Response to a Selective Serotonin Reuptake Inhibitor (Citalopram) in Major Depressive Disorder With Melancholic Features: A STAR*D Report
J Clin Psychiatry 2008;69:1847-1855
© Copyright 2014 Physicians Postgraduate Press, Inc.
Purchase This PDF for $40.00
If you are not a paid subscriber, you may purchase the PDF.
(You'll need the free Adobe Acrobat Reader.)
Receive immediate full-text access to JCP. You can subscribe to JCP online-only ($86) or print + online ($156 individual).
With your subscription, receive a free PDF collection of the NCDEU Festschrift articles. Hurry! This offer ends December 31, 2011.
If you are a paid subscriber to JCP and do not yet have a username and password, activate your subscription now.
As a paid subscriber who has activated your subscription, you have access to the HTML and PDF versions of this item.
Click here to login.
Did you forget your password?
Still can't log in? Contact the Circulation Department at 1-800-489-1001 x4 or send email
Objective: This study examined demographic and clinical correlates of DSM-IV major depressive disorder with melancholic features and assessed whether melancholic features were predictive of response to a selective serotonin reuptake inhibitor antidepressant.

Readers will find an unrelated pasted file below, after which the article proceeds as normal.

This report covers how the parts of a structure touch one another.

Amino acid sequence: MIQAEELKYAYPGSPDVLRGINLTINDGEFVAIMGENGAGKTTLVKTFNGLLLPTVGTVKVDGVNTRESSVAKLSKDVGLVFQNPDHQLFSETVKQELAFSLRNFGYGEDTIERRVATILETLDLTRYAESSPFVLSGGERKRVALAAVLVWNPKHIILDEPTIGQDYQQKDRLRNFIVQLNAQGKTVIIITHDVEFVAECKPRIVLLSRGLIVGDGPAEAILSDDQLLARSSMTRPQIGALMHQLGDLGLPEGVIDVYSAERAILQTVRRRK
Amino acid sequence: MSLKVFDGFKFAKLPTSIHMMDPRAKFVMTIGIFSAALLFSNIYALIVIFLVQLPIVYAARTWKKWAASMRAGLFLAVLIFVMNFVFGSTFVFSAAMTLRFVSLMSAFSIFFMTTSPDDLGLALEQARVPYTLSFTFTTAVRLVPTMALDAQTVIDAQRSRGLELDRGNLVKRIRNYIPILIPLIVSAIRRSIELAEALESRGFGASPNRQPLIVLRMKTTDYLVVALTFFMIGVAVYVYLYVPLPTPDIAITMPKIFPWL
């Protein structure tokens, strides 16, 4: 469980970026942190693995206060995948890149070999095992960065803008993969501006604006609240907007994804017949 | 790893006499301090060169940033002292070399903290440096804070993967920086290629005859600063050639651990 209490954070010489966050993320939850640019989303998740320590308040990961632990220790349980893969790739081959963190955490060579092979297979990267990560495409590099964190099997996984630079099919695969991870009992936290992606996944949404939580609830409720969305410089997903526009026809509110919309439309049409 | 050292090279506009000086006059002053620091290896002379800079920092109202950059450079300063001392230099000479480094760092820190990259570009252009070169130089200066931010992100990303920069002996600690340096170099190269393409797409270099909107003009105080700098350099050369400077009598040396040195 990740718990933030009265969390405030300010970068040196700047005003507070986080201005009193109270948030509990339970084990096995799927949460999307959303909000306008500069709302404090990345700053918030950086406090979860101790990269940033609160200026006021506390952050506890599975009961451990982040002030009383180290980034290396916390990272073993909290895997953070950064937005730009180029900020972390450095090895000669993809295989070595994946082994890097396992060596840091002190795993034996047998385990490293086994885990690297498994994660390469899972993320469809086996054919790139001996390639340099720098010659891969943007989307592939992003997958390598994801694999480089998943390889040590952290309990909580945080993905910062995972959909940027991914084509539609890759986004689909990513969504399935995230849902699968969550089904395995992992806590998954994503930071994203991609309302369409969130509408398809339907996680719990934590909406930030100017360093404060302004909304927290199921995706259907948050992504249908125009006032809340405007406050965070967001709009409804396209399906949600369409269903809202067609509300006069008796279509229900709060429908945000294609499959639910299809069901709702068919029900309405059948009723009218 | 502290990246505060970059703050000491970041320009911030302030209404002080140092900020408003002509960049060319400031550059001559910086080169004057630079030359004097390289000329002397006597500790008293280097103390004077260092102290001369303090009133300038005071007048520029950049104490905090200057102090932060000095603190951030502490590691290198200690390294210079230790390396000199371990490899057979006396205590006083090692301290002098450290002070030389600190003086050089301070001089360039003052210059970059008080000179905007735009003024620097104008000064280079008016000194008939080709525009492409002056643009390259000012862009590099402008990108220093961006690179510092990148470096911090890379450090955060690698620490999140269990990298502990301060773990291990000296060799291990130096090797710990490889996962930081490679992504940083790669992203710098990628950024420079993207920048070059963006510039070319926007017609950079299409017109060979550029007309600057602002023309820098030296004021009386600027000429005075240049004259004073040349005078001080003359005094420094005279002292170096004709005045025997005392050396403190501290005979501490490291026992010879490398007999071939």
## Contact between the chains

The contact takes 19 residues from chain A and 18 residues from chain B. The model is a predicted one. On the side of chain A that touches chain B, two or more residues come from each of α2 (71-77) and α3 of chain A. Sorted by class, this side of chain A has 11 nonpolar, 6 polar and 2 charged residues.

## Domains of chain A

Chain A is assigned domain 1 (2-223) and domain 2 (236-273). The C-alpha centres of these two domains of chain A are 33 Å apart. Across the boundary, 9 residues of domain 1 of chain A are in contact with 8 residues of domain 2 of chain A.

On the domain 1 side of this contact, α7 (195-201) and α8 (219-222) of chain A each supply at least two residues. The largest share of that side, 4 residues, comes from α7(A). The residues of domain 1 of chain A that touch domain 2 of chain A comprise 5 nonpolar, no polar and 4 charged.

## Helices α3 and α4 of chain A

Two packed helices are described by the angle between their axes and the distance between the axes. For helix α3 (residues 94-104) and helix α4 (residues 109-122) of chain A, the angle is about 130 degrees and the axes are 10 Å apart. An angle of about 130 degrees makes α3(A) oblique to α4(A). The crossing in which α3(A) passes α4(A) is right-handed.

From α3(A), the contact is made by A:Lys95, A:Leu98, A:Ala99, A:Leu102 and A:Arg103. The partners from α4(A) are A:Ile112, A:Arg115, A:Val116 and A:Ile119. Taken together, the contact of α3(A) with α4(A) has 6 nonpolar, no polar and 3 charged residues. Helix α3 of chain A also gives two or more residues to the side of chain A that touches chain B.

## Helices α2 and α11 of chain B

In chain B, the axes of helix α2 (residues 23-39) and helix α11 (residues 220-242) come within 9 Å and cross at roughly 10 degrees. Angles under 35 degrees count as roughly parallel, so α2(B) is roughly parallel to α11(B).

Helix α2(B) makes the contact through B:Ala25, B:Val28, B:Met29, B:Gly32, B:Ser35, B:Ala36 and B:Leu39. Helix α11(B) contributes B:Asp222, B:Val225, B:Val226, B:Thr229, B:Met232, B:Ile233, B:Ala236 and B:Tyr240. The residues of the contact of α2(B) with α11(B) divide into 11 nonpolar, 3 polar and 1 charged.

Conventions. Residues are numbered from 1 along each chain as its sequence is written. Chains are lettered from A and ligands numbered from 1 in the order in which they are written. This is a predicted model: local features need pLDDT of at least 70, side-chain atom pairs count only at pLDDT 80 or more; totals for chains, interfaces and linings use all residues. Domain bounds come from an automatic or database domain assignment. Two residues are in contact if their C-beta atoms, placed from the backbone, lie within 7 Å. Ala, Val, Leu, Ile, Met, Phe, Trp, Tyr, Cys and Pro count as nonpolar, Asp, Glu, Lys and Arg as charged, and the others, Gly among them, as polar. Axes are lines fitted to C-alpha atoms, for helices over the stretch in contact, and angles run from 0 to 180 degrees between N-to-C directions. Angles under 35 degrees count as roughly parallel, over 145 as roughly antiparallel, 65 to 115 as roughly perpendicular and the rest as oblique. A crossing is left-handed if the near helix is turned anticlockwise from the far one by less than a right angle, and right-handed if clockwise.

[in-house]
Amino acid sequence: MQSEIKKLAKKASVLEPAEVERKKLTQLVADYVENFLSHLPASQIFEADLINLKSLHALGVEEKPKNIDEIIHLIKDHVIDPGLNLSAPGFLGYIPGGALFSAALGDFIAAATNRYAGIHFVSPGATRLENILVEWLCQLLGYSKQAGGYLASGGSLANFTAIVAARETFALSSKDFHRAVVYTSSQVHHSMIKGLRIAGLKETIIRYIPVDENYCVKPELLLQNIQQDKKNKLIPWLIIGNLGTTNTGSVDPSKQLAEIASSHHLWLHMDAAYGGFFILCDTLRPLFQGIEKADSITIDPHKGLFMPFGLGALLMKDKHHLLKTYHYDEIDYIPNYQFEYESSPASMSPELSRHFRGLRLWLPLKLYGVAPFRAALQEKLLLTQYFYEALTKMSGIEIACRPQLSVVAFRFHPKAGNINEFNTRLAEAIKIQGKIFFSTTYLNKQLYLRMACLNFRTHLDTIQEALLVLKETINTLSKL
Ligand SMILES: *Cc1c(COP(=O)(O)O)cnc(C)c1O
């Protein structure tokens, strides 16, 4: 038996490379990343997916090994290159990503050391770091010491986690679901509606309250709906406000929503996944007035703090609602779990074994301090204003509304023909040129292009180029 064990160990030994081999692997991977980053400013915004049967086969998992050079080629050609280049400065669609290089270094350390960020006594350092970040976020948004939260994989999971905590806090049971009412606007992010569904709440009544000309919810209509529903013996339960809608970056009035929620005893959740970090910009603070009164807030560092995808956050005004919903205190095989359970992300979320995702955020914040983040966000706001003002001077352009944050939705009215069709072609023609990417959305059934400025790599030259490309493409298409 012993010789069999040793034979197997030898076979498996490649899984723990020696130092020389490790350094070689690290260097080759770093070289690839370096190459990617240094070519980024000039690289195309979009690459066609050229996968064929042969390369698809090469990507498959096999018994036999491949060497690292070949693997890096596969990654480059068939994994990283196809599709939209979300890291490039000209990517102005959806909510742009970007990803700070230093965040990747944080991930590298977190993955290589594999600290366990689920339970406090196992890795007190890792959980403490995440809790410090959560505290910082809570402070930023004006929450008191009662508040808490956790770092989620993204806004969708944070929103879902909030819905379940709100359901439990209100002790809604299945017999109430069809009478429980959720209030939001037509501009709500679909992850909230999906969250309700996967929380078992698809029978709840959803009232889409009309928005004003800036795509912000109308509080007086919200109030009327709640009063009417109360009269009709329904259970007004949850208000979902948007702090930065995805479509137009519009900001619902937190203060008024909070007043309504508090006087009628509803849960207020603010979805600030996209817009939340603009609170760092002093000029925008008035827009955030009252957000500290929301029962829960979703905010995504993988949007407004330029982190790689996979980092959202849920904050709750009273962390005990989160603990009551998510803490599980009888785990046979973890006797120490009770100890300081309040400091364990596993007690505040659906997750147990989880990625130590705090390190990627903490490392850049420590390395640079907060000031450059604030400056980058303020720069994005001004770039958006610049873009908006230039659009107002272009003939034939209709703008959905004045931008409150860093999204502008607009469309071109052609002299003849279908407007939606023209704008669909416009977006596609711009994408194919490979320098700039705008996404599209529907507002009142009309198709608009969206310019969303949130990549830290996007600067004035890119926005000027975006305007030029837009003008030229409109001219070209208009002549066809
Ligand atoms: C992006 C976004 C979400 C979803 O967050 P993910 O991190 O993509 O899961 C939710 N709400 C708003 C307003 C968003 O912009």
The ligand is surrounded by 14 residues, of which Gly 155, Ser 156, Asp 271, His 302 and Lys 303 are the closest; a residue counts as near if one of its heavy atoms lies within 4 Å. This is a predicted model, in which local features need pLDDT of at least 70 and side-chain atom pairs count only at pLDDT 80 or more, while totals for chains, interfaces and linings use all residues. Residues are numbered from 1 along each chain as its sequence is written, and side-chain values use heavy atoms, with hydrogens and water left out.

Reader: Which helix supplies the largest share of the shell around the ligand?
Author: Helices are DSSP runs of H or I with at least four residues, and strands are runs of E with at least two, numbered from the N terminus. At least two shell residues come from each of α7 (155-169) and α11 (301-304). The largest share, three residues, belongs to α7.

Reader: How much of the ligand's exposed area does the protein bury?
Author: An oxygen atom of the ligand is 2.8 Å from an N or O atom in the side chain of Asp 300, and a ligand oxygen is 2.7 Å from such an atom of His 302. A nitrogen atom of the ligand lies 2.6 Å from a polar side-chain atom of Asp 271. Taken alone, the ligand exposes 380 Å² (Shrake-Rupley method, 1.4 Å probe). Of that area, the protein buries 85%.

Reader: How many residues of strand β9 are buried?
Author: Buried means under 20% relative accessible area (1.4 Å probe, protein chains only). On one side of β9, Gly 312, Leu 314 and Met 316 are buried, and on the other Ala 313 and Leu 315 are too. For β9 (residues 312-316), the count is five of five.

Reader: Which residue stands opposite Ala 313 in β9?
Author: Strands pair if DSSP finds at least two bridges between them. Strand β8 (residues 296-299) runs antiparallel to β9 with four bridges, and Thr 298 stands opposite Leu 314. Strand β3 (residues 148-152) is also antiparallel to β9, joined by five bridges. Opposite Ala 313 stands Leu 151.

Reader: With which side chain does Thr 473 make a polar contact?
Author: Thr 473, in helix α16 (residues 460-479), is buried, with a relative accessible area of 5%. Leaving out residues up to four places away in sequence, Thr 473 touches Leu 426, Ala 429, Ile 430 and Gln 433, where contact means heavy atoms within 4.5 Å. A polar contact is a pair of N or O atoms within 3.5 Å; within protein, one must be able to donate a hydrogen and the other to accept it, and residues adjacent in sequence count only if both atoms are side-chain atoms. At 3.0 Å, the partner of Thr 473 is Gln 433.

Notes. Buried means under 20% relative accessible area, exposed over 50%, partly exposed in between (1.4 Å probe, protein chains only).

Method: Participants with major depressive disorder (N = 2875) at primary and specialty care sites who received the first step treatment with citalopram in the Sequenced Treatment Alternatives to Relieve Depression study were included. Patients were enrolled between July 2001 and April 2004. Melancholic features were ascribed by previously developed algorithms of telephone interview ratings prior to treatment. Demographics, clinical features, and treatment response were compared between those with and without melancholic features.
Results: The 23.5% of participants with melancholic features were characterized by higher severity scores, greater rates of previous suicide attempts and ratings of current suicidal risk, and more concurrent psychiatric comorbidity. Unadjusted remission rates for those with melancholic features were statistically significantly reduced in absolute terms by up to 8.4% compared to those without melancholic features, which is a 24.1% decrease in relative chance of remission (p < .0001). Following adjustments for between-group baseline differences, remission rates were no longer different.
Conclusion: Melancholic features are associated with a significantly reduced remission rate with an SSRI. This effect appears to be accounted for by demographic and clinical features associated with melancholic features.
Trial Registration: clinicaltrials.gov Identifier: NCT0021528